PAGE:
For the Fallen

The first world war ought to be dead by now. The soldiers who fought in it, the generals and politicians who ran it, are gone. The flickering newsreels show a world we hardly recognize. On the battlefields, the trenches have scarred over, and grass covers the shrapnel and shells. The corpses are now crosses on cemetery lawns. For Australians, the war is not only 90 years in the past but immensely far away. Yet Anzac Day ceremonies and battlefield pilgrimages are more popular than ever—and even the indifferent can't ignore the memorials in every town. When Les Carlyon passes one, "I...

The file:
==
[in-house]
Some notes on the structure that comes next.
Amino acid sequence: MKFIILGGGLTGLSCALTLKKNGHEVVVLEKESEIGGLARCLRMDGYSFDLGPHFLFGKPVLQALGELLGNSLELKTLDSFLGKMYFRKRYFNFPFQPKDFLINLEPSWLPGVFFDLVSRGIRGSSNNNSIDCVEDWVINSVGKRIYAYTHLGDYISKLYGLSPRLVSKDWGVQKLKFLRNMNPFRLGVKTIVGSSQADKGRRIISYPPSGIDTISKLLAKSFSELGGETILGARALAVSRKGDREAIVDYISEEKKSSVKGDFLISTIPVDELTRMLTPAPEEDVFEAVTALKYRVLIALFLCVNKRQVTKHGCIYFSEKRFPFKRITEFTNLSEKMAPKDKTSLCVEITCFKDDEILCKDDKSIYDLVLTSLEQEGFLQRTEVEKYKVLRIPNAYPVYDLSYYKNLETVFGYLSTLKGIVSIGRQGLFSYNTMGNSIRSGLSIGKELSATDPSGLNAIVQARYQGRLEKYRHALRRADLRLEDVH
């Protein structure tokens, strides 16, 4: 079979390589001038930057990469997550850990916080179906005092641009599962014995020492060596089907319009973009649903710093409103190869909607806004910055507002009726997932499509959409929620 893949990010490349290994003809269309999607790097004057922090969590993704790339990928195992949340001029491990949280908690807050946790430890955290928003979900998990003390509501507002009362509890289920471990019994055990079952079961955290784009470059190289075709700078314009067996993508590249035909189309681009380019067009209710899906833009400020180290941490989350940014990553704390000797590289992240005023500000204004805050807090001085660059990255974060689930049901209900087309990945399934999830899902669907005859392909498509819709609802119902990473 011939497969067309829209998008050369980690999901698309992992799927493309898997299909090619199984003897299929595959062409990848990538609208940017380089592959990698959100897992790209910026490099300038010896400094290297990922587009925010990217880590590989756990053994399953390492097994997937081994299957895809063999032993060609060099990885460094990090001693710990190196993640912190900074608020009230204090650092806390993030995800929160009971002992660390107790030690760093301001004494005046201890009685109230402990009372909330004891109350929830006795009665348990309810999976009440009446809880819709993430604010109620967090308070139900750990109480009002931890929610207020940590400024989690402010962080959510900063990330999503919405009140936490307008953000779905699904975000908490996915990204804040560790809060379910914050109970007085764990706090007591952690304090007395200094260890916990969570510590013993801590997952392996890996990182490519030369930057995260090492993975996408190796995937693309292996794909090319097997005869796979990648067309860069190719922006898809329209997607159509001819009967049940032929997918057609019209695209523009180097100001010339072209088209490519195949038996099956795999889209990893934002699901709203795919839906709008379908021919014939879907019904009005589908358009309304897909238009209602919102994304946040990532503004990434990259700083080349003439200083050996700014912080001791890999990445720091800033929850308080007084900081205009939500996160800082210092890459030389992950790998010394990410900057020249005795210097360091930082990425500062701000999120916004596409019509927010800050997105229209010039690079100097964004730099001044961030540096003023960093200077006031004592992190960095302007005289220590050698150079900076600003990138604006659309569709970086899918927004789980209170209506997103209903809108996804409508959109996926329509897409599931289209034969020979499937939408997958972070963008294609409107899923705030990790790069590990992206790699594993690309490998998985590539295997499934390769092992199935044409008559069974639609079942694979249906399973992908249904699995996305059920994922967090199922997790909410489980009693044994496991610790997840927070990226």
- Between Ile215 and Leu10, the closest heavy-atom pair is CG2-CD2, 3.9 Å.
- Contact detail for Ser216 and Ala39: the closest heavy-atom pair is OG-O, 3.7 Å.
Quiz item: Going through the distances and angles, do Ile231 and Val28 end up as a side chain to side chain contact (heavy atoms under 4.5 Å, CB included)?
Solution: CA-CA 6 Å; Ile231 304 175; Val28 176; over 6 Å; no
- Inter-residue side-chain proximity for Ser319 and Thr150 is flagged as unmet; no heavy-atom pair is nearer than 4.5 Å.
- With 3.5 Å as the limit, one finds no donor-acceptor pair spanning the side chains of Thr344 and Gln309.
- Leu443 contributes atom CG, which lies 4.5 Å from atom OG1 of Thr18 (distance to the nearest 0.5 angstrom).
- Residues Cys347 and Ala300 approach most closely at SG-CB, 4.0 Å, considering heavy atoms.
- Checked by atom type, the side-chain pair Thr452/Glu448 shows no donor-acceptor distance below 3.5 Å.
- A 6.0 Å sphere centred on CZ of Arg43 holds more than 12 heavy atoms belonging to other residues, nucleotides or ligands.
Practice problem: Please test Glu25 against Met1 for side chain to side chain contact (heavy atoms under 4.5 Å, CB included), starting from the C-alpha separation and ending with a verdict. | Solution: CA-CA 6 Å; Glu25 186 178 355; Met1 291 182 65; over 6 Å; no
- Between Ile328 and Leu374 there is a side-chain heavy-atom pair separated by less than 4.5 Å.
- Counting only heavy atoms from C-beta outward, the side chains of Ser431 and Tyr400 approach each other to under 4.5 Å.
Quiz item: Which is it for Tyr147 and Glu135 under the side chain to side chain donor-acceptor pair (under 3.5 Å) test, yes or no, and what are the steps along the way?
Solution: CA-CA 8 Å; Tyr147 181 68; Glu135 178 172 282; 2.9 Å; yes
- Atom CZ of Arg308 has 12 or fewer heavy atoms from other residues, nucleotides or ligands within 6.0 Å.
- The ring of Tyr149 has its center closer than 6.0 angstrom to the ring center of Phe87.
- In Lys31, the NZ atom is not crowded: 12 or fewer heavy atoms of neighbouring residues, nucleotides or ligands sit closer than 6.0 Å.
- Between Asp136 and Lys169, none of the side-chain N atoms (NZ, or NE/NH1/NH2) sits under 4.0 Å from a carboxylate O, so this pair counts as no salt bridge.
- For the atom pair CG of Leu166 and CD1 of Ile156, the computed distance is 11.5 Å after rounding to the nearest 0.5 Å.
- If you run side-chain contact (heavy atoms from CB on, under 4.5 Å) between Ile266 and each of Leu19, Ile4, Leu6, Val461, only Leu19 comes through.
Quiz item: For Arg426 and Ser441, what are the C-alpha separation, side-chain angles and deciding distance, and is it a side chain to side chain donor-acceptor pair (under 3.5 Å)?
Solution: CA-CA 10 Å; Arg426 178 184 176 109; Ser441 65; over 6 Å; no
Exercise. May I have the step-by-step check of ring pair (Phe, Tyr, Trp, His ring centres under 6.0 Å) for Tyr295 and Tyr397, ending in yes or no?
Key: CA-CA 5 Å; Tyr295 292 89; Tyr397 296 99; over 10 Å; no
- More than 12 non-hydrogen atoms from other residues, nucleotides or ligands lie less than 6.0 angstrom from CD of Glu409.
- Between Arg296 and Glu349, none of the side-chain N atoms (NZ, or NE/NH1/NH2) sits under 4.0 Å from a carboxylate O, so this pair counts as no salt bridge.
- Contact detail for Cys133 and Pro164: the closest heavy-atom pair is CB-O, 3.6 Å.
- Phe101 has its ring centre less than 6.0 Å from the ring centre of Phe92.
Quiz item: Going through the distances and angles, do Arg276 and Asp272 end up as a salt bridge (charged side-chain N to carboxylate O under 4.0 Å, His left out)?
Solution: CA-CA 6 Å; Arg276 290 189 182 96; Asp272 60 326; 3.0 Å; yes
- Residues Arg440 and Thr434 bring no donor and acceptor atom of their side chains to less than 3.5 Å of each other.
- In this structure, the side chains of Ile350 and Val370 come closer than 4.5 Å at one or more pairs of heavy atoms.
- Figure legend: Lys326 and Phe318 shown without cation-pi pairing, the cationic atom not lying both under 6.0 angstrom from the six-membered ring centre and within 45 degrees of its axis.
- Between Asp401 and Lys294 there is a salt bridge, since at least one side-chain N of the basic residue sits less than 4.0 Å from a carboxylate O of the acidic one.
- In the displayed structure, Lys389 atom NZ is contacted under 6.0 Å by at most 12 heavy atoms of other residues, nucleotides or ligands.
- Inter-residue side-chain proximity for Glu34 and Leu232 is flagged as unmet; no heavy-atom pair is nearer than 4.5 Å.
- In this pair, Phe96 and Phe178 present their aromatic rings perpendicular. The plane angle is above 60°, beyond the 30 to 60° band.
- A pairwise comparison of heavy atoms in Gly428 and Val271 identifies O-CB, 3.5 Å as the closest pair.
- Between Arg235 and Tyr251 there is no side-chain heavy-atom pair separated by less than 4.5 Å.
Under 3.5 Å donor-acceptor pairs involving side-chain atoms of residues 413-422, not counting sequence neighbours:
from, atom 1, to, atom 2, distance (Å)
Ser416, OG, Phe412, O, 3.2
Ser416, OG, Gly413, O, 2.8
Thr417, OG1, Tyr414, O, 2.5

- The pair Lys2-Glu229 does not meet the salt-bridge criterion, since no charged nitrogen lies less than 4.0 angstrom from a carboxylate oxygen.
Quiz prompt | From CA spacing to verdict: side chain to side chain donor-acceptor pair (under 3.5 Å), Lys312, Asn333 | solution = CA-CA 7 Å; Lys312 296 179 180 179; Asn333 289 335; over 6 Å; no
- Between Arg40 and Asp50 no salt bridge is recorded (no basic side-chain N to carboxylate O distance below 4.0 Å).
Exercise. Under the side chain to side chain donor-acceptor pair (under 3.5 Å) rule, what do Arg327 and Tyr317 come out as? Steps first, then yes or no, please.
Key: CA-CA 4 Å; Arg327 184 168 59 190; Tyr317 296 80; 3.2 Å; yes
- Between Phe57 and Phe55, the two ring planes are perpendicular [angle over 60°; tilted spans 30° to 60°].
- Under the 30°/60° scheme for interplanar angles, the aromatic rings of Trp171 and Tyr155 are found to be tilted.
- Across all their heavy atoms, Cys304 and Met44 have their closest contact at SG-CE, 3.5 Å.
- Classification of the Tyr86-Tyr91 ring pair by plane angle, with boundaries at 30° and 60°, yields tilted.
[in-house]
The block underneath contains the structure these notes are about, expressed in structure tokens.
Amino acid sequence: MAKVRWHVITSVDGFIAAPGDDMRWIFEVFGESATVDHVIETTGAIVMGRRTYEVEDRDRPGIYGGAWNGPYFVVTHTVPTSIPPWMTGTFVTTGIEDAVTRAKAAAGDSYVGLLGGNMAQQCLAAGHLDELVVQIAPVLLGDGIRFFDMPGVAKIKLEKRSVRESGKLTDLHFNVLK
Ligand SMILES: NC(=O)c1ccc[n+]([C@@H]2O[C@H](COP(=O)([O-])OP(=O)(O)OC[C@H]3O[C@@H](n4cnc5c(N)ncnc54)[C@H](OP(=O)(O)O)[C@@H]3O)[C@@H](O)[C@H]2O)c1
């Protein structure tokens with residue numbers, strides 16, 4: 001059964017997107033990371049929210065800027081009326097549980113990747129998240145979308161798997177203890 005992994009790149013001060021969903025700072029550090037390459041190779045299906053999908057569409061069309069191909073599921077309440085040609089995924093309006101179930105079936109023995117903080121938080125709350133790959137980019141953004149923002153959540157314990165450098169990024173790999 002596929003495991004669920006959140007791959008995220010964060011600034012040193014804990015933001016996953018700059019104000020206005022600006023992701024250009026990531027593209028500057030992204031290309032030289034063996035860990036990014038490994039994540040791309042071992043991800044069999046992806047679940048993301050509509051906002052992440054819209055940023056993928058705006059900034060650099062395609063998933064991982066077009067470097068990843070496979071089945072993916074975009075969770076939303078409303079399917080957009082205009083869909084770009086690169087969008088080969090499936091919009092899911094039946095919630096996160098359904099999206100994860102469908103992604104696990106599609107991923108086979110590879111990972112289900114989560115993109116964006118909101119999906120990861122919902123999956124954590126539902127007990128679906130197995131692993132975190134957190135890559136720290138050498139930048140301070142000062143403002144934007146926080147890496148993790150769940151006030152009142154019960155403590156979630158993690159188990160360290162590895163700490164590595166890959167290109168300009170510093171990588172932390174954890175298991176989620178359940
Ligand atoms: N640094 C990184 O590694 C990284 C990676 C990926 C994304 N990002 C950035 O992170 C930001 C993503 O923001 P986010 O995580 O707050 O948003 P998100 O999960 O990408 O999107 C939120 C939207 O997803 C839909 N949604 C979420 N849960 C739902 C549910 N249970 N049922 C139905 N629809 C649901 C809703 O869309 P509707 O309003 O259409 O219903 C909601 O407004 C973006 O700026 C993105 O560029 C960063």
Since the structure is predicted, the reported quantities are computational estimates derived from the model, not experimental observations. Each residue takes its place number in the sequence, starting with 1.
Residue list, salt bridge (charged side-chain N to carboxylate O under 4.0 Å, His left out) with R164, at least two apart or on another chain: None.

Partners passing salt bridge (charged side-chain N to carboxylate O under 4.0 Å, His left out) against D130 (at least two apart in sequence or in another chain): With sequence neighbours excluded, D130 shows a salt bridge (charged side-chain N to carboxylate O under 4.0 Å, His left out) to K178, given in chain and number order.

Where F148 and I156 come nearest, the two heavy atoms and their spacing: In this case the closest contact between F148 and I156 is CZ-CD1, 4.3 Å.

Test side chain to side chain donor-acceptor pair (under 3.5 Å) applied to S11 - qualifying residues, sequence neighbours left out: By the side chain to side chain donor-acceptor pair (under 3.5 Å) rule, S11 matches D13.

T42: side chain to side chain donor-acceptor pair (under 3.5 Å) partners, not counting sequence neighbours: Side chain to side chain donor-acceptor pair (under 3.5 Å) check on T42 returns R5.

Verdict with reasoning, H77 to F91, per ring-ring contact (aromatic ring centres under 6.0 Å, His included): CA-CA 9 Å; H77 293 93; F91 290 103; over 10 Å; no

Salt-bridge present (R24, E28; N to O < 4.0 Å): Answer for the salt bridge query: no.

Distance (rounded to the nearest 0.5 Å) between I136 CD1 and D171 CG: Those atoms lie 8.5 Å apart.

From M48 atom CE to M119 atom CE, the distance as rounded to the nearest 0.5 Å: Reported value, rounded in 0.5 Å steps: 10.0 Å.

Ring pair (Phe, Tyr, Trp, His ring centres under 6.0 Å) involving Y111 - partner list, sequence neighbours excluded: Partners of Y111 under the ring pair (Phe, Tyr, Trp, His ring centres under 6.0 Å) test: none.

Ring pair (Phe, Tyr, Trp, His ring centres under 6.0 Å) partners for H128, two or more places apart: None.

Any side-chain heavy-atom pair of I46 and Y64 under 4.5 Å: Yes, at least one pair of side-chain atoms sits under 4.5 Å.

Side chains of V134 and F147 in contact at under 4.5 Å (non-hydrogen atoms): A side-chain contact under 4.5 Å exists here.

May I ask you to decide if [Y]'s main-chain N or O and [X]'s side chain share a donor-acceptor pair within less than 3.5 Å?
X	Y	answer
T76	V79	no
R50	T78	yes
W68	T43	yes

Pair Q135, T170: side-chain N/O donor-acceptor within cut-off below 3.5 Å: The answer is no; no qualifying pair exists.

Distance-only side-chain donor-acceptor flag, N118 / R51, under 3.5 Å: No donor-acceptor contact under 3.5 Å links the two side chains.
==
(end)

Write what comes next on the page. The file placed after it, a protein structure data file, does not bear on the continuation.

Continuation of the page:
Want the full story?

Subscribe Now


Learn more about the benefits of being a TIME subscriber

If you are already a subscriber sign up — registration is free!